Roman Christians were poorer than non-believers

Recent research conducted on the bones of early Christians in Rome has suggested they were generally poorer than non-Christian Romans.

Researchers analysed bone samples from 22 skeletons found in the Catacombs of St Callixtus on the Appian Way, which was used from the 3rd to 5th centuries AD. In total, around half a million tombs are believed to be housed in the catacombs of Rome.

The researchers looked at collagen in the bones of the skeletons, specifically looking for their carbon and nitrogen stable-isotope content, which helps to indicate the kind of diet people had.

The 22 skeletons examined all appeared to come from the same community and indicated that the people shared the same eating habits, the researchers found.

Compared with other Roman and Mediterranean skeletons these bones had higher rates of nitrogen but lower levels of carbon, suggesting that they ate more freshwater fish.

On average, freshwater fish appeared to account for 30 per cent of the diet of these early Roman Christians.

The research team said, “While distancing themselves from Jewish food taboos and generally avoiding meat derived from pagan sacrifices, the early Christians are normally hypothesised to have eaten the same food as their non-Christian Roman contemporaries,” reports the Times.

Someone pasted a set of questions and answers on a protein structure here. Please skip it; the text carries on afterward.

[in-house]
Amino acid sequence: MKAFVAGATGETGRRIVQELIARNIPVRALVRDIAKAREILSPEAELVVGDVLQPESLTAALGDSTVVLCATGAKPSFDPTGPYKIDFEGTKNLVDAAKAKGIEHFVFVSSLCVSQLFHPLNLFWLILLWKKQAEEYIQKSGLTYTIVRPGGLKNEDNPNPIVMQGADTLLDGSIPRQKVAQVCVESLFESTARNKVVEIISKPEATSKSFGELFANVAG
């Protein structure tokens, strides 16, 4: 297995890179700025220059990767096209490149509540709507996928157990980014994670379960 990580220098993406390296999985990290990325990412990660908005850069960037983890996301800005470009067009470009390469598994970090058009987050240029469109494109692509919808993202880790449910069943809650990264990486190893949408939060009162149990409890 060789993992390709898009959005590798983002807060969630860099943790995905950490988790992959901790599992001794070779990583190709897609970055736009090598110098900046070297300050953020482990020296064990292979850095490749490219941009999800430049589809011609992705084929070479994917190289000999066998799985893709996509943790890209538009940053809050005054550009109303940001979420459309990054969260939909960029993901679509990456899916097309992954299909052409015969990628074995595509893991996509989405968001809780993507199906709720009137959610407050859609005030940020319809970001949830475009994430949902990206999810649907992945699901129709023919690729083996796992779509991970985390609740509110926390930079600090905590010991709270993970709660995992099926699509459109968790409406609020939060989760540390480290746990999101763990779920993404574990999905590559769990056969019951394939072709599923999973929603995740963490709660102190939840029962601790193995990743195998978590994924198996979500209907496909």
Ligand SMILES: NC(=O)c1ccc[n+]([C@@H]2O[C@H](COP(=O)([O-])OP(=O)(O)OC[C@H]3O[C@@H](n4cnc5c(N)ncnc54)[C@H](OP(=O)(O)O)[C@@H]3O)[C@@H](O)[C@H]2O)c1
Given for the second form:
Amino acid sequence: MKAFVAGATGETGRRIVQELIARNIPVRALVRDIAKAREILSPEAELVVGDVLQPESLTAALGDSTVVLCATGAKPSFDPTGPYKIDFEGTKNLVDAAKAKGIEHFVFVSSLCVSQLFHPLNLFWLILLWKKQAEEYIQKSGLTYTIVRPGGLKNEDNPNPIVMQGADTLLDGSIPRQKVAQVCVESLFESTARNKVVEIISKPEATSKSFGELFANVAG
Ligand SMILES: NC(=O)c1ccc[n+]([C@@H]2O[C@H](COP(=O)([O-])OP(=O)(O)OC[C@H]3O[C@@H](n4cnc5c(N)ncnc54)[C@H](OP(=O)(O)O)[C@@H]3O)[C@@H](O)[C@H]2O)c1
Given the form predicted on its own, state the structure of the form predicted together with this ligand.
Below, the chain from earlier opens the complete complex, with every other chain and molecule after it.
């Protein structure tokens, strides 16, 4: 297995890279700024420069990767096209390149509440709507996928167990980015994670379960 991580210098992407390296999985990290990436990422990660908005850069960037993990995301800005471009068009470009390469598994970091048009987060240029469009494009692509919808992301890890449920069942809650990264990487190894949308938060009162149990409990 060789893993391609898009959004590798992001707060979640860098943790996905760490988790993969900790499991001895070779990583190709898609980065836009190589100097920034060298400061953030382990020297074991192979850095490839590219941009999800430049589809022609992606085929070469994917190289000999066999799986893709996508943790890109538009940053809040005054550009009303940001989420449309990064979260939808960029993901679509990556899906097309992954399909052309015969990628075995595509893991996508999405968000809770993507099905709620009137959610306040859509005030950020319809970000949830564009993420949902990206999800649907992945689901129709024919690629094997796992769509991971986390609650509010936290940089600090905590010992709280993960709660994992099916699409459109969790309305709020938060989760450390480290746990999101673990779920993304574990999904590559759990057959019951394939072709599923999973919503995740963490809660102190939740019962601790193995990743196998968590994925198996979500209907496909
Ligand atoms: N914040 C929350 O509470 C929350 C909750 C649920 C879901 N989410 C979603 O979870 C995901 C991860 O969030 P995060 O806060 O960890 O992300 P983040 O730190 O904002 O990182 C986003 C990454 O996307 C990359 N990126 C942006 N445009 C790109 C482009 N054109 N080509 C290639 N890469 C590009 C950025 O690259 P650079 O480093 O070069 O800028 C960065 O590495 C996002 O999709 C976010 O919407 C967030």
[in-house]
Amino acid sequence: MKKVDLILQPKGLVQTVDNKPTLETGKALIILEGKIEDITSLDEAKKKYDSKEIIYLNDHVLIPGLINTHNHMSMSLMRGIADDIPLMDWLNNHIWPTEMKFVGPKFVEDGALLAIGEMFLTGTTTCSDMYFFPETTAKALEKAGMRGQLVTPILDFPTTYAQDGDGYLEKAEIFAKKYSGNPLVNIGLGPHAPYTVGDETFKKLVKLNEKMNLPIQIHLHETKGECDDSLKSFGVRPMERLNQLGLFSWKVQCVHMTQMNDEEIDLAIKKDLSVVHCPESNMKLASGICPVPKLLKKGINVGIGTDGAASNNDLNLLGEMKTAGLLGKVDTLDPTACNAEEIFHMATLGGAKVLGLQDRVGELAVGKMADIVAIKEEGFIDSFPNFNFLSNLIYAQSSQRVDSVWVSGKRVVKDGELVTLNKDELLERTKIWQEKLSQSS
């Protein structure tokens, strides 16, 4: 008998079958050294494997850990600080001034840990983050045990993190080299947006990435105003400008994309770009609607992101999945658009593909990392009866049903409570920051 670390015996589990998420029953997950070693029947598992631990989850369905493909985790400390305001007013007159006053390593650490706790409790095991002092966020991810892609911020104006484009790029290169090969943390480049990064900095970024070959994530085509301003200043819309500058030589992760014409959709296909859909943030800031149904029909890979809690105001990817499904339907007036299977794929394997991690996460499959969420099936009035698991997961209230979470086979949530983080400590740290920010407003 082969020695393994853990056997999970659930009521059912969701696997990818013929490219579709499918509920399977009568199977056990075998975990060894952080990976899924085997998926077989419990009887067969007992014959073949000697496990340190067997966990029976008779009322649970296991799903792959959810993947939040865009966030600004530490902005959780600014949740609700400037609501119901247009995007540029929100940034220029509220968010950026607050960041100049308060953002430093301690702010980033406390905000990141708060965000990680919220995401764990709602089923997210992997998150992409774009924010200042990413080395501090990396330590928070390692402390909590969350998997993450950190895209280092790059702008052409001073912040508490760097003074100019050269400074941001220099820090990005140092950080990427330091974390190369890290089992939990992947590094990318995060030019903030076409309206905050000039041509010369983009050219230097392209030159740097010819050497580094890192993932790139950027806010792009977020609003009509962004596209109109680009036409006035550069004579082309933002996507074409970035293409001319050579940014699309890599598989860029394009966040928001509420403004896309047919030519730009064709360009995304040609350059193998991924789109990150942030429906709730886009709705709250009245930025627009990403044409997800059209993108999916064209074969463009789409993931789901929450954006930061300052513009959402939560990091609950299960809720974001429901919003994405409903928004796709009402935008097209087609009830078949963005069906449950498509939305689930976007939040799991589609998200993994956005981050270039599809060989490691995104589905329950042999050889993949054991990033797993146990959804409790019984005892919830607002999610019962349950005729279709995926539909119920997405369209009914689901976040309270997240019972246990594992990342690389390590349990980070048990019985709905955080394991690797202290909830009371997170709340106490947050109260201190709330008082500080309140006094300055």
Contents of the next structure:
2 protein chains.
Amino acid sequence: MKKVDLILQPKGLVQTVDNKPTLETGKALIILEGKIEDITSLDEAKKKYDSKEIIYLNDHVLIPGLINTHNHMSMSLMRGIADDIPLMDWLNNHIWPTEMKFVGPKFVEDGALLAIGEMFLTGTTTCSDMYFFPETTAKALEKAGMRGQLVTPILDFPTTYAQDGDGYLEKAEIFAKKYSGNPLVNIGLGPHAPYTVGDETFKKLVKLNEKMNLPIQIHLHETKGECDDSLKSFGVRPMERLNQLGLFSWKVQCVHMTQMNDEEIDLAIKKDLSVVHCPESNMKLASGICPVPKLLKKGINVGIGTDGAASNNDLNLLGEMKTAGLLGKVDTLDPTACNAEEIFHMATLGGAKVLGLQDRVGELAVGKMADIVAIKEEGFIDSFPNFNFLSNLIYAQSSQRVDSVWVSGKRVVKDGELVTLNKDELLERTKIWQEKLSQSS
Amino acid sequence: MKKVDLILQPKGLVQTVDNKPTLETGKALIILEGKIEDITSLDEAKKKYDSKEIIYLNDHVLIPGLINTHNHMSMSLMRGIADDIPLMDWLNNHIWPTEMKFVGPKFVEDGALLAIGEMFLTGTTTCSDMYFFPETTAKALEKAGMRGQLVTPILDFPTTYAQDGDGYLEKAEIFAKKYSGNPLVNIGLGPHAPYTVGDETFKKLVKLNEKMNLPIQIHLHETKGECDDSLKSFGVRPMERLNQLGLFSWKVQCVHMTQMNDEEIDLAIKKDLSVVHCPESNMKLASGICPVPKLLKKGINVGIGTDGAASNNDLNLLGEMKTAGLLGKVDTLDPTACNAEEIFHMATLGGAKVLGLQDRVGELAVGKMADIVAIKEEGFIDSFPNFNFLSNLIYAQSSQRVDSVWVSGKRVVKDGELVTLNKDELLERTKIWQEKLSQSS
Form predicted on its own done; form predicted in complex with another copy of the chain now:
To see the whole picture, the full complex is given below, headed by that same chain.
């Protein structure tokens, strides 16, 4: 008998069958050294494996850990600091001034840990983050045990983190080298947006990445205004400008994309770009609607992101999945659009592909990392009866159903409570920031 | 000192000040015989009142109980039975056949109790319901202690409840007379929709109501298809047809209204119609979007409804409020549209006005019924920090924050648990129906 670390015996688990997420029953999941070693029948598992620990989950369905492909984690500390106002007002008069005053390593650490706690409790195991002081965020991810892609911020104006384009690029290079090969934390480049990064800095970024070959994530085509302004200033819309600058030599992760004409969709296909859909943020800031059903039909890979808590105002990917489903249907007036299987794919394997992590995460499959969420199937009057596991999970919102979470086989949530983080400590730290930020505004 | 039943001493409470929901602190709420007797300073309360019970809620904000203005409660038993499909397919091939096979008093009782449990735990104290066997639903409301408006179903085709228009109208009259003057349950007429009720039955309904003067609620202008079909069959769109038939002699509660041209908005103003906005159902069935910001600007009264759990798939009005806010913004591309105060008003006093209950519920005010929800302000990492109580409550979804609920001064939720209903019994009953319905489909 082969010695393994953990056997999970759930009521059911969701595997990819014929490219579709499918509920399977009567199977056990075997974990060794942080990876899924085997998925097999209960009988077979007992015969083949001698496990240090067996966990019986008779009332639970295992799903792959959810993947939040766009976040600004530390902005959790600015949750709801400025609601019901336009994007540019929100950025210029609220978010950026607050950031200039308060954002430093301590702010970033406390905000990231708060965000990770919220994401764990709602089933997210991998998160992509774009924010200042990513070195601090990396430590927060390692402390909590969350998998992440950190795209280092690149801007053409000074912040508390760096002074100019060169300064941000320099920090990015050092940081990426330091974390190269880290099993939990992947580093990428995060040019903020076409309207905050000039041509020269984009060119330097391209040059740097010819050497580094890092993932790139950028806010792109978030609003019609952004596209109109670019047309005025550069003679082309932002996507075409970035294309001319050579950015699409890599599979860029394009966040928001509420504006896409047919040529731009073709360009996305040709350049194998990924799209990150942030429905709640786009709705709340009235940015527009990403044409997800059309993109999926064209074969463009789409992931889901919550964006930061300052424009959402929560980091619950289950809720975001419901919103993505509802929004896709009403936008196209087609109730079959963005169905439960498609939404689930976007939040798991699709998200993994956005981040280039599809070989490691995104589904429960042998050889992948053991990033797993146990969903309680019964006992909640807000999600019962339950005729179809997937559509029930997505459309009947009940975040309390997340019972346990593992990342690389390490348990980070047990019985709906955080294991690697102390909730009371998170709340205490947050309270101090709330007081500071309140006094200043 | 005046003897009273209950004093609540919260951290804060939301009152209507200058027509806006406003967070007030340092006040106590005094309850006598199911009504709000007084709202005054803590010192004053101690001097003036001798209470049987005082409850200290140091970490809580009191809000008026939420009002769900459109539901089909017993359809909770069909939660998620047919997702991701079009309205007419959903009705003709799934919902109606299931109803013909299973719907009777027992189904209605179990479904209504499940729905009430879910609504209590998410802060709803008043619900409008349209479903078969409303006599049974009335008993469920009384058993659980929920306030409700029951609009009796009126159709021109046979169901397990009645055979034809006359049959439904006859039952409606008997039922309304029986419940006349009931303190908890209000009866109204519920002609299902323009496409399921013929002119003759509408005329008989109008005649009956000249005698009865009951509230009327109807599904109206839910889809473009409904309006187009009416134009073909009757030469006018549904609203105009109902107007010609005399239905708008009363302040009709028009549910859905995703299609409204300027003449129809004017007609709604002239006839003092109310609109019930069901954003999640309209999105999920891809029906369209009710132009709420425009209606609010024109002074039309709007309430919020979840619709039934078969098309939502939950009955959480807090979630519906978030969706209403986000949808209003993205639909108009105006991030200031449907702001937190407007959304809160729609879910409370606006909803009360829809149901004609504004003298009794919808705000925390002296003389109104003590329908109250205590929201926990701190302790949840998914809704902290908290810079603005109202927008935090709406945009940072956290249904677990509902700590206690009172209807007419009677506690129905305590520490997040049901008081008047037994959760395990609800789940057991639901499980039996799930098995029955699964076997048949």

“Within the larger context of what is currently known about Roman dietary habits, the inclusion of freshwater fish therefore comes as unexpected and raises questions about the social origins of Christianity as well.

“When Romans ate fish at all, they are normally believed to have consumed sea fish. Freshwater fish has not been considered as an essential ingredient in the classical Roman diet.”

At the beginning of the 4th century AD, Emperor Diocletian attempted to fix the price of freshwater fish at one third of marine fish, allowing the poor to eat it. Freshwater fish in Rome most likely came from the river Tiber and would have been a free or cheap source of food.

Leonard Rutgers from the Journal of Archaeological Science, who led the team of researchers, said their findings showed “that at least the small selection of early Christians analysed were all simple folk, suggesting that the inclusion of freshwater fish is indicative of a relative lack of wealth rather than of religiously motivated ascetic behaviour”.